A Review of the Education External Evaluation Services

Brian Donnelly Education Review Office

B COMPONENTS OF THE REVIEW PROCESS

10 Notification

The review
team notifies the school of its intention to undertake a review indicating
the type of review and the documentation required before and during
the on-site stage of the review. Depending on the type of review
a series of questions which will be explored by the review team are
noted. The initial letter is usually sent out at least two months
before the visit.

It is important
to establish that the visit is one part of the review. Documentation
sets the school in perspective for the reviewers who will then visit
the school for a number of days. This is followed by analysis
of the information gathered in order to make judgements and to form
opinions before reporting formally to the Board of Trustees within 15
or 20 working days (depending on the type of review) of the completion
of the on-site visit. The Board has a further 20 working days
to respond to the unconfirmed report and to discuss errors of
fact and to suggest amendments. The report is then confirmed and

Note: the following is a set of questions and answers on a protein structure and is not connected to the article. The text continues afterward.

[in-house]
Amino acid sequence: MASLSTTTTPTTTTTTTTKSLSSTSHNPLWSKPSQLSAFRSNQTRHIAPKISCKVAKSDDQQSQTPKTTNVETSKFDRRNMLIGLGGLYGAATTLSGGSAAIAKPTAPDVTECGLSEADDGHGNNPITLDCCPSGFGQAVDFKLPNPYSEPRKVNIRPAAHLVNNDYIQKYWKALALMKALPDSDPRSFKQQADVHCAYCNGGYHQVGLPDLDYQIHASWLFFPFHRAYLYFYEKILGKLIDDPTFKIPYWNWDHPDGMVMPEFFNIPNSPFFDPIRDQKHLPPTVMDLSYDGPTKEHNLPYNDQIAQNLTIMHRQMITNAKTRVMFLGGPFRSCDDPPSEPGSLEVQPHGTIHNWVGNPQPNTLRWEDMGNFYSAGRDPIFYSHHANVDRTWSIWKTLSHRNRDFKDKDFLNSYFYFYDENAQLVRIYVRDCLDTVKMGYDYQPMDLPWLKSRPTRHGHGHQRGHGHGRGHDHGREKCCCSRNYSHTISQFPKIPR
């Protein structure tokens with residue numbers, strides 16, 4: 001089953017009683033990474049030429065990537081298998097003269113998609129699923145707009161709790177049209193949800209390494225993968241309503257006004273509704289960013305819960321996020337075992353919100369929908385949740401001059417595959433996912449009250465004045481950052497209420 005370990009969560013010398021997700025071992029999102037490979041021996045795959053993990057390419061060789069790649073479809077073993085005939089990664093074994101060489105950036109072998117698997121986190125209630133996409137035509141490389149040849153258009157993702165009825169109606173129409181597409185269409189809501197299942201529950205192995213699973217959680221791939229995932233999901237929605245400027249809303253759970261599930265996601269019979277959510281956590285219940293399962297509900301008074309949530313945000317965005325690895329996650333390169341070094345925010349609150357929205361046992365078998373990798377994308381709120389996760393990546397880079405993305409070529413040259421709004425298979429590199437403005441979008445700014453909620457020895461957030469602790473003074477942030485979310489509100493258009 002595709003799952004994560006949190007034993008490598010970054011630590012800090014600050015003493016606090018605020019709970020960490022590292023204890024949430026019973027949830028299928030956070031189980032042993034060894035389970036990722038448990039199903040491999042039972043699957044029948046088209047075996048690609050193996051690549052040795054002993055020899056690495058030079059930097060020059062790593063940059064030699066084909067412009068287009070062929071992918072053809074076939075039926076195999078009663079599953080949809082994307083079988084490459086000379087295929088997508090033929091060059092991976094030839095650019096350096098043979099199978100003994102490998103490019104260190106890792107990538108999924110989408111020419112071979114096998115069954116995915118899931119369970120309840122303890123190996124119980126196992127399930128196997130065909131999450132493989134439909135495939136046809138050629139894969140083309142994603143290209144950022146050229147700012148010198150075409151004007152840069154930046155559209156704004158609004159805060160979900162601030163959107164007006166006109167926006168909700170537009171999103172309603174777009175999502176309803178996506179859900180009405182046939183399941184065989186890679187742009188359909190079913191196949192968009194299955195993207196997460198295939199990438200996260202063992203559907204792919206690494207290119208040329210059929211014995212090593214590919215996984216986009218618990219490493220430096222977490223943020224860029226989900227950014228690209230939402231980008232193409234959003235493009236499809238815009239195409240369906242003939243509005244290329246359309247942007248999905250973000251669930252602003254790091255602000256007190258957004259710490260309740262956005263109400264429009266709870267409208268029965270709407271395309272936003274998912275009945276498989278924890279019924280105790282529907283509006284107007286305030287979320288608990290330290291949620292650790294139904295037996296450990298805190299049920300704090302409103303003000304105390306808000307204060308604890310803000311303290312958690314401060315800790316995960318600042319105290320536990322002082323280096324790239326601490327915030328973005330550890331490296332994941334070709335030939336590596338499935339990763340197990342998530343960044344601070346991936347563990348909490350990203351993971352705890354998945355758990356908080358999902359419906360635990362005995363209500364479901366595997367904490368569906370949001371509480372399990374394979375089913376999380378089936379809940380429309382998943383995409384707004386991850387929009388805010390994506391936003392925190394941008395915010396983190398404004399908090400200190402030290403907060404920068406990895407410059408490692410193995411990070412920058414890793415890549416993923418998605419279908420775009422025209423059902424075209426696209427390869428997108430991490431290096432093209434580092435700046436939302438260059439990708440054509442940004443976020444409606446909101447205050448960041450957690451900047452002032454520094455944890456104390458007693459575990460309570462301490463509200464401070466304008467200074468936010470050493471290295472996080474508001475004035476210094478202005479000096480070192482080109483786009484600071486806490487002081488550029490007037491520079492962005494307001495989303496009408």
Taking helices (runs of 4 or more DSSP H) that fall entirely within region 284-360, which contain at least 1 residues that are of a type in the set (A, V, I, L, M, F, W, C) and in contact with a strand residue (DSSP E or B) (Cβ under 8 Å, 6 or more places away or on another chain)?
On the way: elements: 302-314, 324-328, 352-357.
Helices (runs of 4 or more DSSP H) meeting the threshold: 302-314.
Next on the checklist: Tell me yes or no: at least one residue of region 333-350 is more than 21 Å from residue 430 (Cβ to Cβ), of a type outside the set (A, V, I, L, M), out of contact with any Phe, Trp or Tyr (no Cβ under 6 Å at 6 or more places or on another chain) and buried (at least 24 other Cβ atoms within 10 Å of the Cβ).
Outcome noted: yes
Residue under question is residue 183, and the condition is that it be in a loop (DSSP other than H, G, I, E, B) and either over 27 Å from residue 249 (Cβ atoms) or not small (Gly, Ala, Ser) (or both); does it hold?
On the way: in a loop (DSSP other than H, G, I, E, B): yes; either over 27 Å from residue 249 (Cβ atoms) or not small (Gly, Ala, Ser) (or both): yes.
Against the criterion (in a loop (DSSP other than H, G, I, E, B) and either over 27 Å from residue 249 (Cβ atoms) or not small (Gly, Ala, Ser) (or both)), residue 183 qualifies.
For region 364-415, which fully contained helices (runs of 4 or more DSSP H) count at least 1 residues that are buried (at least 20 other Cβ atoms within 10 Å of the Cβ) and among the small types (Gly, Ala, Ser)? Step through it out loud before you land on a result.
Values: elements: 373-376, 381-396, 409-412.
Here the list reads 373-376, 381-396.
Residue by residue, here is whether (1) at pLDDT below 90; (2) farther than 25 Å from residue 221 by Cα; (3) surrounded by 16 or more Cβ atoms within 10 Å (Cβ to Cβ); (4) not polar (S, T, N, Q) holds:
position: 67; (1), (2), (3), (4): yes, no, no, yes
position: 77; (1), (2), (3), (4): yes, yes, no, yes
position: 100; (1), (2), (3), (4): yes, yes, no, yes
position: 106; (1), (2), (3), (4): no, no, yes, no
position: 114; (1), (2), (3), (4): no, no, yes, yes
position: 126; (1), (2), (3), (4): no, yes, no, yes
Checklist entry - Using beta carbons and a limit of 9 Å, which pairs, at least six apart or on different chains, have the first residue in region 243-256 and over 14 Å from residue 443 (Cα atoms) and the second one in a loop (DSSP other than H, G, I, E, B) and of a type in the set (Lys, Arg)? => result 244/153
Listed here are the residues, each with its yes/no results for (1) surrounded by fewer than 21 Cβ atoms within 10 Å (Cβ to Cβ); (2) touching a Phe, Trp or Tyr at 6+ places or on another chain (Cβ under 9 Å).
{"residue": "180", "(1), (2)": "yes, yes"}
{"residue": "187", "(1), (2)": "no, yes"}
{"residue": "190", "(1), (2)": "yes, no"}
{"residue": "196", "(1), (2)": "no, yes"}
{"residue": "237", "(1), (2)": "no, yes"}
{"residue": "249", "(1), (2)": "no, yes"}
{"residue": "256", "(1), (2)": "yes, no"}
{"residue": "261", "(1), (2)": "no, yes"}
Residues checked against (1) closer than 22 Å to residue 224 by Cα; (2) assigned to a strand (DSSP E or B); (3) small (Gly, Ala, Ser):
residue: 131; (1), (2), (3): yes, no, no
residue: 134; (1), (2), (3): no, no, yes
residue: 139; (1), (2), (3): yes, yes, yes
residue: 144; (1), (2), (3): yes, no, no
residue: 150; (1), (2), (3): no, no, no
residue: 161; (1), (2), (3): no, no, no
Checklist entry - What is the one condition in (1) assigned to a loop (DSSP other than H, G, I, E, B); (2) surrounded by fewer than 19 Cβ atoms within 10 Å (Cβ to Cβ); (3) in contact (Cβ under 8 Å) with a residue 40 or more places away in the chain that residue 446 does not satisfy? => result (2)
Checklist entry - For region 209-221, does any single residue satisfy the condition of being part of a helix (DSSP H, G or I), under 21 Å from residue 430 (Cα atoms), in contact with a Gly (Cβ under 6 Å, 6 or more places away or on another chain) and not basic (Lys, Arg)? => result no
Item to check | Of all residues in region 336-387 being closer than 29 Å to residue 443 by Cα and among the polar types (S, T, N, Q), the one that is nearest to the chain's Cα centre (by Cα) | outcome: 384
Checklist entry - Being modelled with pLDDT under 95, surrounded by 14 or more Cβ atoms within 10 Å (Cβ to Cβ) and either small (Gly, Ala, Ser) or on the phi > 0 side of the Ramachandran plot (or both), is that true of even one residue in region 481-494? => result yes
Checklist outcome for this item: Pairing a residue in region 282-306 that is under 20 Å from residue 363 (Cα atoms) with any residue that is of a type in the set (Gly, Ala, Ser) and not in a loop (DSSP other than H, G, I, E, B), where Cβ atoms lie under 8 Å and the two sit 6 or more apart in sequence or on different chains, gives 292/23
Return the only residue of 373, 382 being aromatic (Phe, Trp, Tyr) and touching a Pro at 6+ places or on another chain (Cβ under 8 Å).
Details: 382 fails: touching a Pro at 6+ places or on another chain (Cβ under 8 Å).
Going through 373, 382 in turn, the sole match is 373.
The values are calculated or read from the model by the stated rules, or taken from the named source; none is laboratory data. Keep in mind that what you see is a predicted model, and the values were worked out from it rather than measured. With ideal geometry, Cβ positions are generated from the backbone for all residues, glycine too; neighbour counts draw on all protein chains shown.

becomes a public document.

11 Documents required

The Panel has
had numerous complaints about the workloads involved in preparing the
documentation required for a review. The Panel is convinced that,
without the documentation, it is not possible to determine whether or
not schools and centres have in place the policies and practices which
enable them to meet their obligations, respond to emergencies or deal
with conflict or provide the continuity for the school in the event
of changes in personnel at any level. Without the documentation
schools are not in a position to make informed decisions. The
Panel supports the use of the Board Declarations for its legal compliances
and believes that this will reduce the workload at the time of an Education
Review Office visit because it will have to be done annually.
It will also allow the Education Review Office to concentrate its resources
on educational effectiveness and the quality of outcomes to a greater
extent, with spot checking of the Board Declaration.

12 Meetings

An on-site
visit usually commences with a meeting of the senior management staff
and often members of the Board of Trustees. Review procedures
are clarified, issues are raised by the review team and the senior staff,
questions are asked and an overview of the school conveyed. Panel
members had the opportunity to join several of these sessions and found
them to be open, frank and informative.

At the conclusion
of the on-site visit an oral report is given to the Board and Principal,